The Community Telegraph is distributed weekly in four editions throughout north, south, east Belfast and County Down, Northern Ireland. Its paid-for competitors are the North Belfast News and South Belfast News from the Andersonstown News group, and the Bangor Spectator and Newtownards Chronicle. In April 2007 the paper was relaunched as The CT and in June that year a website was launched.
One journalist is assigned to each edition and is responsible for all aspects of editorial production - writing stories, taking photographs, designing pages and publishing on the internet. Leading UK media commentator Roy Greenslade has highlighted the model as one which other newspapers may adopt due to the potential for huge cost savings.
The Community Telegraph (and its four editions) was closed in December 2013, with INM describing the titles as "no longer sustainable" in light of falling print advertising revenues.Daily Herald (United Kingdom)
The Daily Herald was a British daily newspaper, published in London from 1912 to 1964 (although it was weekly during the First World War). It was published in the interest of the labour movement and supported the Labour Party. It underwent several changes of management before ceasing publication in 1964, when it was relaunched as The Sun, in its pre-Murdoch form.France-Soir
France Soir (English: France Evening) is a French online daily newspaper that prospered in physical format during the 1950s and 1960s, reaching a circulation of 1.5 million in the 1950s. It declined rapidly under various owners and was relaunched as a populist tabloid in 2006. However, the company went bankrupt on 23 July 2012, before re-emerging as an online-only paper in 2016.Gulf News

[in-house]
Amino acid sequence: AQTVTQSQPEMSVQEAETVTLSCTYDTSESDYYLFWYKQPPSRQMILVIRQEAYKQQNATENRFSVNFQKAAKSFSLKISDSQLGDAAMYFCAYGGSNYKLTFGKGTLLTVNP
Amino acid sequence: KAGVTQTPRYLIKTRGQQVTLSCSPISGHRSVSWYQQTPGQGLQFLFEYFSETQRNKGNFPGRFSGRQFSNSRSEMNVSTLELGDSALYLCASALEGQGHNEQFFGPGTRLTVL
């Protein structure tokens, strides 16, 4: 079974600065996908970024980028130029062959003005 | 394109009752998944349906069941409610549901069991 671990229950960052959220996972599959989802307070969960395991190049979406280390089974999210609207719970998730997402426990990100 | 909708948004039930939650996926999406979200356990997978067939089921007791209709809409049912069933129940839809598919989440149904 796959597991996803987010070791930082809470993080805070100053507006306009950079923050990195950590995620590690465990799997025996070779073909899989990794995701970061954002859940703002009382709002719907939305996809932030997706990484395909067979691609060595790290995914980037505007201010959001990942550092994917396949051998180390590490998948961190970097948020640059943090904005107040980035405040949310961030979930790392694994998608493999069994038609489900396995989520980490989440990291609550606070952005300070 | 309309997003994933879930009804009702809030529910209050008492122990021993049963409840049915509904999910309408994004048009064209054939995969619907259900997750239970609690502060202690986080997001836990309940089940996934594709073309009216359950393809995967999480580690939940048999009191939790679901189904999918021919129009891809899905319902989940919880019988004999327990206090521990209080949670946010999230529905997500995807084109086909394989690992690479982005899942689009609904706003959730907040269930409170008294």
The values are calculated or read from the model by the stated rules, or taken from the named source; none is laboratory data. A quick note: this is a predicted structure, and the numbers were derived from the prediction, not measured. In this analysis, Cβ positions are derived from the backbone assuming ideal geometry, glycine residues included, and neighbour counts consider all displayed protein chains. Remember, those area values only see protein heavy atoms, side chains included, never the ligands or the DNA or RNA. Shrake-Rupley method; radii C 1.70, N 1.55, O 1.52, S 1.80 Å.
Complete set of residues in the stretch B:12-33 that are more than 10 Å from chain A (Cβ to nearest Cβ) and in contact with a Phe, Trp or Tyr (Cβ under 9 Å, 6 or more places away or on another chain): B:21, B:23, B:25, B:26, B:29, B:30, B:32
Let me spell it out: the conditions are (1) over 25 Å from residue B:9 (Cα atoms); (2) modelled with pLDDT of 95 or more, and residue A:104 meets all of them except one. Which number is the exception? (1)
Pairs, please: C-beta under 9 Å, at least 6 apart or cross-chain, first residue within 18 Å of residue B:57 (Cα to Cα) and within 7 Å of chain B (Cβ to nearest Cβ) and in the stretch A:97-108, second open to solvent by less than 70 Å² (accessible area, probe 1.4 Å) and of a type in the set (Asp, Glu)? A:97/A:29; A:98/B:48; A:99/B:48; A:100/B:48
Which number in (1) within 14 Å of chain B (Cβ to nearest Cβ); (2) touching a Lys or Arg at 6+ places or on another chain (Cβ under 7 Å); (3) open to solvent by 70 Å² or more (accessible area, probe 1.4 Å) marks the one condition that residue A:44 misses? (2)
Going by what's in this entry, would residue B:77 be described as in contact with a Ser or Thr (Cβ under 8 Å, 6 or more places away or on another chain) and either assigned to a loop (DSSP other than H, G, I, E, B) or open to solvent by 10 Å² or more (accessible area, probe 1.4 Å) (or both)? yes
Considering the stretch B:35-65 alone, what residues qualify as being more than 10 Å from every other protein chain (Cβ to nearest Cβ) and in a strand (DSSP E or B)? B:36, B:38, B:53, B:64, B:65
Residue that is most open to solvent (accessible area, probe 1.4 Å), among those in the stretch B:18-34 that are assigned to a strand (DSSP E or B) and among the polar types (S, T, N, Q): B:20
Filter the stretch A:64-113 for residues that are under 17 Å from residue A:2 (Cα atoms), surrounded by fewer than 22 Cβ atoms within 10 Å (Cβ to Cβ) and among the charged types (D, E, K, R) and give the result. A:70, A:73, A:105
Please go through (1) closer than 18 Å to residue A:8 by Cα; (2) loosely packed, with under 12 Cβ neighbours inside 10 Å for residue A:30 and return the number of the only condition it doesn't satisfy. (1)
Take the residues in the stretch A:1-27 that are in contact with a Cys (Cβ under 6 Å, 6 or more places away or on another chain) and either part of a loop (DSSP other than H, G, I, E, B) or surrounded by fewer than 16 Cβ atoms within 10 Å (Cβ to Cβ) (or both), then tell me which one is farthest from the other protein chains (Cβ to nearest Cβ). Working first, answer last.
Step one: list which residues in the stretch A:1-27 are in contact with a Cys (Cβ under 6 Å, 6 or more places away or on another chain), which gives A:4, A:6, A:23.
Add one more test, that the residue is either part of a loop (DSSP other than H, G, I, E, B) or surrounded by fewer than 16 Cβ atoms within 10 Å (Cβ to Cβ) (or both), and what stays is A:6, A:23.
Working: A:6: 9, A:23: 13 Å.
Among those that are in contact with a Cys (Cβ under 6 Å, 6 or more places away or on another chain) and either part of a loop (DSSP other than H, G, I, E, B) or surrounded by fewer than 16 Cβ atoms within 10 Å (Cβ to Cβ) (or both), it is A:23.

Gulf News is a daily English language newspaper published from Dubai, United Arab Emirates. It was first launched in 1978, and is currently distributed throughout the UAE and also in other Gulf Countries. Its online edition was launched in 1996.Iain Overton
Iain Overton (born 3 August 1973) is an investigative journalist and author of 'The Price of Paradise: how the suicide bomber shaped the modern world' and 'Gun Baby Gun: a bloody journey into the world of the gun'.
He runs the London-based Charity Action on Armed Violence.
He was described by Roy Greenslade of the Guardian as 'one of journalism's nice guys'Irish Daily Mail
The Irish Daily Mail is a newspaper published in Ireland and Northern Ireland by DMG Media. The paper was launched in February 2006 with a launch strategy that included giving away free copies on the first day of circulation and low pricing subsequently. The 2009 price was one euro. The aim of this strategy was to attract readers away from the Irish Independent.Associated Newspapers Ireland employs over 160 people in Ireland. Both the Irish Daily Mail and the Irish Mail on Sunday, along with their magazines, YOU and TV Week, are printed in Kells and Citywest, Dublin.